...What’s beautiful about this film is the delicate and honest depiction of people grappling with their emotions and not necessarily going about their problems the “right” way. Many people are Bertie, bottling up tough emotions, withdrawing, and not seeking help. Many are Fred, outsourcing help, attempting to roll past any inconvenience with a smile on their face for the sake of those they care about. And many people are Lane, simply deflecting, running away, and being somewhat reckless with other people's feelings. ... This film is not just a love story, it’s a story about love.

The Daily Californian, the student newspaper of UC Berkeley (Sept. 1):

By  Chloe Forssell

One of the bigger disappointments in the film is the degree to which Hill misses the mark when it comes to the polyamorous relationship. Hill works so hard to create a script that doesn’t sensationalize a polyamorous relationship that the potential for deeper conflicts is zapped out of the narrative. There is no room for the relationship to breathe and no chance for nuances; this film could have broken ground, but instead, it fell flat. 

Hill herself says polyamory is “a world in which respect and communication and self-love are the driving force. Those are things people in all relationships should be thinking about more. For me, it’s expanded how I move through the world generally.”


On to some other poly in the media!

Dating multiple partners was hard enough before a pandemic. With vaccines in arms, the community is adjusting to its new normal.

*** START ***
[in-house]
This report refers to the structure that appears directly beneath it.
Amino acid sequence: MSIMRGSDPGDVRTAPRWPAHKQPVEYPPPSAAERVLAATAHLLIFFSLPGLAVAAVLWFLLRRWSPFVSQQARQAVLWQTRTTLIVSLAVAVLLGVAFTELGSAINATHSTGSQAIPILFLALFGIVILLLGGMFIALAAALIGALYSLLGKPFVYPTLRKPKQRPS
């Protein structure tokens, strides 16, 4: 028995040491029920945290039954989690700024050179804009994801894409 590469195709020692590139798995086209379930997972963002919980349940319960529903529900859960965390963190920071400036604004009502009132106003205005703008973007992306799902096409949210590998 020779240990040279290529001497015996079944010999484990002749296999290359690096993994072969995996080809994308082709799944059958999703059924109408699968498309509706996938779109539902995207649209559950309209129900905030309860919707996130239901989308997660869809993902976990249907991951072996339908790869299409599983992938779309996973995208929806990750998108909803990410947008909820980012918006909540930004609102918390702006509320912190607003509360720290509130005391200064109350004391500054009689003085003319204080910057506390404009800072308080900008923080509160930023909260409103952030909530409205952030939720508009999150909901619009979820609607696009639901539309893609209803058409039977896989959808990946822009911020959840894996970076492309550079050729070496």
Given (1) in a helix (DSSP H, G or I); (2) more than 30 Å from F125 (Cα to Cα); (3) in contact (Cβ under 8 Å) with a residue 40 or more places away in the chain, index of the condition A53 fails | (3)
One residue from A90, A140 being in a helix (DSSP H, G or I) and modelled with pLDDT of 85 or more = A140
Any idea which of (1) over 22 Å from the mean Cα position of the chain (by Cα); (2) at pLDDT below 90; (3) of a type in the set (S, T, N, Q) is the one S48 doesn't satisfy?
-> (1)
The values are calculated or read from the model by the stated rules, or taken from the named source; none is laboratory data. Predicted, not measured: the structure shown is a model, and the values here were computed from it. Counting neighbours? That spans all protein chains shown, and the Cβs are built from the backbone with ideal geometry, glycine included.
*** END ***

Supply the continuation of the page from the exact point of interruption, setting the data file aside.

Kasia Popova /Adobe

...Now, with vaccines in arms, the community is starting to feel safe enough to start dating again.

"This time last year, every visit with a partner was a complex calculation of risk and timing," says Praveen, a Bay Area polyamory veteran of five years.

"We had to book Airbnbs out in the country to navigate one of my partner's testing schedules as an essential worker."

...Partners had to ask themselves tough questions: Do we want to continue our relationship virtually? Should we break up? When can I kiss you again?

Trust [is] the name of the game.... Nearly everyone asked variations of "Are you vaccinated? Do you want to come over, or should we go for a walk?"

But in many ways, the poly community was better prepared for these conversations than most.

Conversations about STD transmission are commonplace between non-monogamous partners. The preventative measures that stop chlamydia from coming home applied well to COVID-19. Frequent testing, open conversations and non-judgmental disclosure are the cornerstone tools for keeping all partners healthy and safe.

"We had a situation for a while where we all got tested for COVID-19 about every other week.  My primary partner and I would go once every two weeks. Our partners were both getting tests weekly," said Eric.... "We never spent time out of one another's homes. We got to be intimate quickly because there literally was nothing else to do but watch Netflix and have sex. Now we actually go out to places, have social gatherings and introduce them to our friends."

...For many polyamorous people, the transition back to dating is as difficult as stopping in the first place. Partners express increased intensity in feelings of jealousy or anxiety after a long period without change.

"We're all trying to put the constellation of our relationships back together while still being mindful that most of us are different than we were a year ago," says Rachel, an Atlanta-based queer and polyamorous dater....

●  Someone who never imagined that poly relationships would work for her found herself in the middle of them working: I am in a polyamorous relationship with my boyfriend and his girlfriend (HuffPost, April 23, recently reprinted other places). 

I never planned on it, but it’s where I am, and more and more it feels like family.

Placebo365/ Getty
By Rebecca Jane Stokes